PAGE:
It’s almost the end of November, and where has the time gone? There were so many more articles I was going to write for nablopomo and it feels like the month went by in a flash. The temptation to panic and try to squeeze as much in to the last few days of the month is almost overwhelming, but sometimes, when you instead just take some time to pause and reflect for a while, you end up achieving much more. Much like taking the time to check out Slow Radio this afternoon, actually caused me to be far more productive than I would have been otherwise and inspired an article for this blog!
I’ve always liked the concept of Slow Television more than it’s actual execution. Perhaps because the slightly meditative state of mind I have to be in to enjoy it, is something that nature documentaries give me. Unless I’m loaded with the cold – in which case I want my television viewing to just gently waft over me.
Slow Radio on the other hand works much better for me. Perhaps because I’m more accustomed to having the radio on in the background while I do something else, so the slow gentle unwinding of the episodes is a more natural fit for my brain. I can listen closely to the narrated episodes if I want to, or just let someone’s lovely voice drift over me. Secure in the knowledge that the content will be interesting if I tune in, but that I’m not missing anything vital if I tune out for a little while.
I listen to Radio 3 for much the same reasons that some people listen to ASMR podcasts and videos; I find their output deeply soothing. I used to subscribe to the Front Row podcast, purely to have a backlog of Mathew Sweet to talk me to sleep whenever I needed a little outside assistance. One of my other favourite podcasts, 99% Invisible did an episode on that other great friend of insomniacs across the British Isles, The Shipping Forecast, and it has that quality too, slow, soothing and slightly strange. (Somehow deeply arcane yet utterly mundane, all at once.) It is pleasing to know that in these days of ever faster and ever louder content, that people making radio still remember that there is an audience for something slower and quieter and have found a way to make space for it. Radio 3 is a bit of an oddity in these times and it’s something of a pleasure and relief to see them embracing that oddity and taking that as licence to push the boundaries in their own unique way. It reminds me of that odd delight of the early days of DAB radios, when someone came up with a channel that was nothing but birdsong that ended up with something of cult following for a while. Fundamentally though, I can’t help but feel that this is the kind of thing that public service broadcasting does so well, giving the audience not necessarily what they want, but instead striving to provide what they didn’t realise they needed.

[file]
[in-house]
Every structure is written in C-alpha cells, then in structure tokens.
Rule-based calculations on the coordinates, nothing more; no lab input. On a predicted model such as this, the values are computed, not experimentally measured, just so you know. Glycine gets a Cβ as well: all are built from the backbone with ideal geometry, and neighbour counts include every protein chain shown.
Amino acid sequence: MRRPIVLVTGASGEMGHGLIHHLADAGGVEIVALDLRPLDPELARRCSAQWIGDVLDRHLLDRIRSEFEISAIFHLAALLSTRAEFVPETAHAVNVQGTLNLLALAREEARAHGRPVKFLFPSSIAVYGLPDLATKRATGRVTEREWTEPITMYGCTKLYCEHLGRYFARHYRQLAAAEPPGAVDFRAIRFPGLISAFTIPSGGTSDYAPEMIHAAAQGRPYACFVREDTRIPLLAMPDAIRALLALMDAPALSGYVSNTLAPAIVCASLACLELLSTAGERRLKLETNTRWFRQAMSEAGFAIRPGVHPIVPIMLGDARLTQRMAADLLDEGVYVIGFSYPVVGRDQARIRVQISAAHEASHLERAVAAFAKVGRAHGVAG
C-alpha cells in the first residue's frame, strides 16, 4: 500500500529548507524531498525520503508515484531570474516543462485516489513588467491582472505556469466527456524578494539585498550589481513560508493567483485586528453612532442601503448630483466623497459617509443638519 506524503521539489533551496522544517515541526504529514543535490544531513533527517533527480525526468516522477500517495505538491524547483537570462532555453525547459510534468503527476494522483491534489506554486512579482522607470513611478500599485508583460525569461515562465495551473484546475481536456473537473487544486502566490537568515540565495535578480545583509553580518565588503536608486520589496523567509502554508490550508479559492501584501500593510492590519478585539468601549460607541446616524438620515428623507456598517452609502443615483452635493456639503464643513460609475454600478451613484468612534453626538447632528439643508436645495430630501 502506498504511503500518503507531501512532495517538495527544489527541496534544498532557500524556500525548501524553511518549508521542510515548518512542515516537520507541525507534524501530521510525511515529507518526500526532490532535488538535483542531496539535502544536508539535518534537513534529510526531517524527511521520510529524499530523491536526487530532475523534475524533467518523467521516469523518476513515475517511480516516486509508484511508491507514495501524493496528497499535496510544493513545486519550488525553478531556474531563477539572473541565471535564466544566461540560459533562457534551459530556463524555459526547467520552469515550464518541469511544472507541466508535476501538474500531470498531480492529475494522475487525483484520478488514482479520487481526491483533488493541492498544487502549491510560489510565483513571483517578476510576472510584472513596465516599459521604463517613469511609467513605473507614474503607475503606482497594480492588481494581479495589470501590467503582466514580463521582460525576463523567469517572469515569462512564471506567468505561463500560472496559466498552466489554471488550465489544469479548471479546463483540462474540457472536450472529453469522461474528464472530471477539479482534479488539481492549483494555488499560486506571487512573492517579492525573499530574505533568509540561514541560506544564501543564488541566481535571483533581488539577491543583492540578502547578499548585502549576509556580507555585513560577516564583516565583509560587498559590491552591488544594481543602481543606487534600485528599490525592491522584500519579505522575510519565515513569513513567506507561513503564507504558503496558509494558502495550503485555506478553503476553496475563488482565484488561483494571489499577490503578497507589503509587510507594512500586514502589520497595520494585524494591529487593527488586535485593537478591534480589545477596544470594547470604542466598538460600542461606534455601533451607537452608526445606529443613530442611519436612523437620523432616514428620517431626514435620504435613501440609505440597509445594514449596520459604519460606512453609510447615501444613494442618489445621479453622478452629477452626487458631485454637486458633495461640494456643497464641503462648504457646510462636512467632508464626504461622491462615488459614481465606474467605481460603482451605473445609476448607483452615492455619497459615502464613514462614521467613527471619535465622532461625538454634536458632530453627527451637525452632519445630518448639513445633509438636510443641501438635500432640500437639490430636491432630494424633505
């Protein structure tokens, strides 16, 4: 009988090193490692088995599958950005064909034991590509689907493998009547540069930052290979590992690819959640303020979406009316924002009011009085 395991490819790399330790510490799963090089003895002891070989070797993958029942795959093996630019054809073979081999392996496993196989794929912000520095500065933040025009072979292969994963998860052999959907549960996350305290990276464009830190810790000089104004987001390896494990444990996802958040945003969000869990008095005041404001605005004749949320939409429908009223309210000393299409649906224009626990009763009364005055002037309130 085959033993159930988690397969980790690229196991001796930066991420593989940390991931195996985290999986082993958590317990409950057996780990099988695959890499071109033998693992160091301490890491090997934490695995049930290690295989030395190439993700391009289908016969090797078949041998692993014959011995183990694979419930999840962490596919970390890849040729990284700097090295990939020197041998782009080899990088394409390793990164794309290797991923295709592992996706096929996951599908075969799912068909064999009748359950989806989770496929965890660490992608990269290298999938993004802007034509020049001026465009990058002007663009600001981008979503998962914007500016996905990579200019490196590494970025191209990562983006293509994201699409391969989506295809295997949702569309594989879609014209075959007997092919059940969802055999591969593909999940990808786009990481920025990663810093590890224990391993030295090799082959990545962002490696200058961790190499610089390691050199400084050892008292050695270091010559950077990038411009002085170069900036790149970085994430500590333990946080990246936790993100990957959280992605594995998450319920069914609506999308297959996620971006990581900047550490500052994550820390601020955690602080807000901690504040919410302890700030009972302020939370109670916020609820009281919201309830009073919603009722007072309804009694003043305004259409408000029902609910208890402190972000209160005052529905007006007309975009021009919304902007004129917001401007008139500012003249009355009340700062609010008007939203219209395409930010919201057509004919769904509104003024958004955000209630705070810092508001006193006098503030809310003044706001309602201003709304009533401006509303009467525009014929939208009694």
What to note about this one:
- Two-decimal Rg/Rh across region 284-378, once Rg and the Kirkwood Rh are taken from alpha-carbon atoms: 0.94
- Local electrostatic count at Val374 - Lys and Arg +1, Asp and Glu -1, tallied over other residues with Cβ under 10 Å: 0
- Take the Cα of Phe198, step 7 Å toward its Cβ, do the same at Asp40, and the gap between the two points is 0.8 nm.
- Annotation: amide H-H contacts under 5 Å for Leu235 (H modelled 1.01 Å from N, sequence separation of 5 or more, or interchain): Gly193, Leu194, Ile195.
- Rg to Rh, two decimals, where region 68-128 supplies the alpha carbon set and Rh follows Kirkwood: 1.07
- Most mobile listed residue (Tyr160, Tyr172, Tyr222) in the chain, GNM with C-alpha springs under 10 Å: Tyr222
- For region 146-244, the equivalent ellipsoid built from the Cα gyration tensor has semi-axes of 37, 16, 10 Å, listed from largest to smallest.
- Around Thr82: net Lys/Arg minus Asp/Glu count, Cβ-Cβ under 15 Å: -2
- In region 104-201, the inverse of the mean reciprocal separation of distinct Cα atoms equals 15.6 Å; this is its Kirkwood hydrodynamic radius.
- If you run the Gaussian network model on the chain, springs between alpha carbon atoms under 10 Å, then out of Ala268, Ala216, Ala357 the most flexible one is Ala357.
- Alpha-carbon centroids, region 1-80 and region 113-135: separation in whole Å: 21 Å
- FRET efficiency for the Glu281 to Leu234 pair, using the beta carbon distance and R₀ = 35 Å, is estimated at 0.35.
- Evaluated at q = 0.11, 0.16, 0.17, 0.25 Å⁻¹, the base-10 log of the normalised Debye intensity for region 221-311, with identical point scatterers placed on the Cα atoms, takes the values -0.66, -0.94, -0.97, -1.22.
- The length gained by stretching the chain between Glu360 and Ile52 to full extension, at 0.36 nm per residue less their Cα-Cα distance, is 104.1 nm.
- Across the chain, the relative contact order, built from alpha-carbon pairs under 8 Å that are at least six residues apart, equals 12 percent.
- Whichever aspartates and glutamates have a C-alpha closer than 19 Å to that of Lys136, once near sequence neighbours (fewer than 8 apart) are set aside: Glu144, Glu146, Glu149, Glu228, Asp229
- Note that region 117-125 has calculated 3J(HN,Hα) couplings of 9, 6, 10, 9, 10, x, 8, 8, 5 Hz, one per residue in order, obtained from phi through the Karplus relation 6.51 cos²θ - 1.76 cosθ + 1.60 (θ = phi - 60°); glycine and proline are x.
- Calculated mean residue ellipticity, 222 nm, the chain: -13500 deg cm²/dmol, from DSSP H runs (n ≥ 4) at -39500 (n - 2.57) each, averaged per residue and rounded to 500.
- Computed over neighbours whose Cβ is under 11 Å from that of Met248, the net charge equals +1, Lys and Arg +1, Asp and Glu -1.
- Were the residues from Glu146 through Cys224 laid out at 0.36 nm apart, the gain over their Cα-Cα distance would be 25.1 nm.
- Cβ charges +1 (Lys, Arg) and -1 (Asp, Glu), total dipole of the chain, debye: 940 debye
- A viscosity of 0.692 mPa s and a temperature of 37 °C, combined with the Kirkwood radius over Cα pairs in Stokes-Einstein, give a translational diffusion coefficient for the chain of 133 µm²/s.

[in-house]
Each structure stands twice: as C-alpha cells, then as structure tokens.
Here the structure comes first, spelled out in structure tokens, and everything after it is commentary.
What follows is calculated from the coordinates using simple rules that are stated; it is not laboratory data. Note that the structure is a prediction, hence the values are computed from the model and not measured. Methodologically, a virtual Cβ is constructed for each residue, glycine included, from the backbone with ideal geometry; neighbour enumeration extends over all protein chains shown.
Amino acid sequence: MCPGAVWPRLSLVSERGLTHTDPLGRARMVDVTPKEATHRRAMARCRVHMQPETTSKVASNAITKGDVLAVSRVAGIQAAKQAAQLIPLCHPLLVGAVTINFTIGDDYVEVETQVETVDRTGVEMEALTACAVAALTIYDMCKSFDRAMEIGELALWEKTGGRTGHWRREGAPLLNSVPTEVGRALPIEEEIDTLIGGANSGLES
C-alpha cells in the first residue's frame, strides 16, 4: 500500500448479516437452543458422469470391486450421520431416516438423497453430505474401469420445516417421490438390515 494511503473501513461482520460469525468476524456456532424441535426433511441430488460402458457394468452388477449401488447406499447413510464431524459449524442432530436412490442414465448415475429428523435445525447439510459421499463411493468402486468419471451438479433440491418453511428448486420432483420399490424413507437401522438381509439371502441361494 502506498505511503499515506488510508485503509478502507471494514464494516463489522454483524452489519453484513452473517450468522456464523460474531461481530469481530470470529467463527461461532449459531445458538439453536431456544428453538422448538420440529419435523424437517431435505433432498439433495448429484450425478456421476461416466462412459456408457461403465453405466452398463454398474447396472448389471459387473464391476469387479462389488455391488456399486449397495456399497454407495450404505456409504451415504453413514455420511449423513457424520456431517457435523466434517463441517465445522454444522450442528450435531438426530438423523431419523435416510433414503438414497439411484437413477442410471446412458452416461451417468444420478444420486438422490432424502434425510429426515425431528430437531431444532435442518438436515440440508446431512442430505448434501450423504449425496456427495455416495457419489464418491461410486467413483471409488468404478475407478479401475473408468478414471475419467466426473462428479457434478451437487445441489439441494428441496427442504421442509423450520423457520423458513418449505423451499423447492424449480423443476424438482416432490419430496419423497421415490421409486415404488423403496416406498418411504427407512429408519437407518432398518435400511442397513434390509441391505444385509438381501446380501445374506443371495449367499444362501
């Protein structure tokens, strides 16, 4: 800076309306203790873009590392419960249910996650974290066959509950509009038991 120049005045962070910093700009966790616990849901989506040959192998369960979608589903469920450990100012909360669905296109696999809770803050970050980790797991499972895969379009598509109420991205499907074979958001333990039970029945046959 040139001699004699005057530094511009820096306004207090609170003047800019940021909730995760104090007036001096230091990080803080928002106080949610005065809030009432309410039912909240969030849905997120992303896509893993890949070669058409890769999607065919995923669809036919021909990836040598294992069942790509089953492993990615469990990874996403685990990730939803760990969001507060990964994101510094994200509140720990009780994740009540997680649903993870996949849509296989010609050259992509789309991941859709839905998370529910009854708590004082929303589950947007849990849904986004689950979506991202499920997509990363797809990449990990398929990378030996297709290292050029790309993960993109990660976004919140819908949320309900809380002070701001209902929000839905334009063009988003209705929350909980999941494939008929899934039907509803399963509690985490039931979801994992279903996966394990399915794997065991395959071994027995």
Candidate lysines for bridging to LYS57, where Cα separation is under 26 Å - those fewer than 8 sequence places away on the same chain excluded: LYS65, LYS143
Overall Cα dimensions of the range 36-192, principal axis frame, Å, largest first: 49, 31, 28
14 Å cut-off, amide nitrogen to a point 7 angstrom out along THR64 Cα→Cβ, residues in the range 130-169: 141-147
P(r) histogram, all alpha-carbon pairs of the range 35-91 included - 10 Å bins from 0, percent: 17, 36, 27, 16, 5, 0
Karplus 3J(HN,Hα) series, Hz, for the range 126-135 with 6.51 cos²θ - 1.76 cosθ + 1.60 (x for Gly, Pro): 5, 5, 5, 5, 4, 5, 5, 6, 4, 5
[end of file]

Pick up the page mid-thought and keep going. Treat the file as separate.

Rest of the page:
As a sound designer, I’m delighted by both the concept and the execution of Slow Radio, the combination of experimentation and carefully craft on display is a pleasure to behold. As a listener it’s just a deeply soothing – if occasionally decidedly odd – experience, like being wrapped in a warm fluffy blanket of sound. The perfect accompaniment to a cold winter’s evening, tucked up with a hot beverage and an actual fluffy blanket.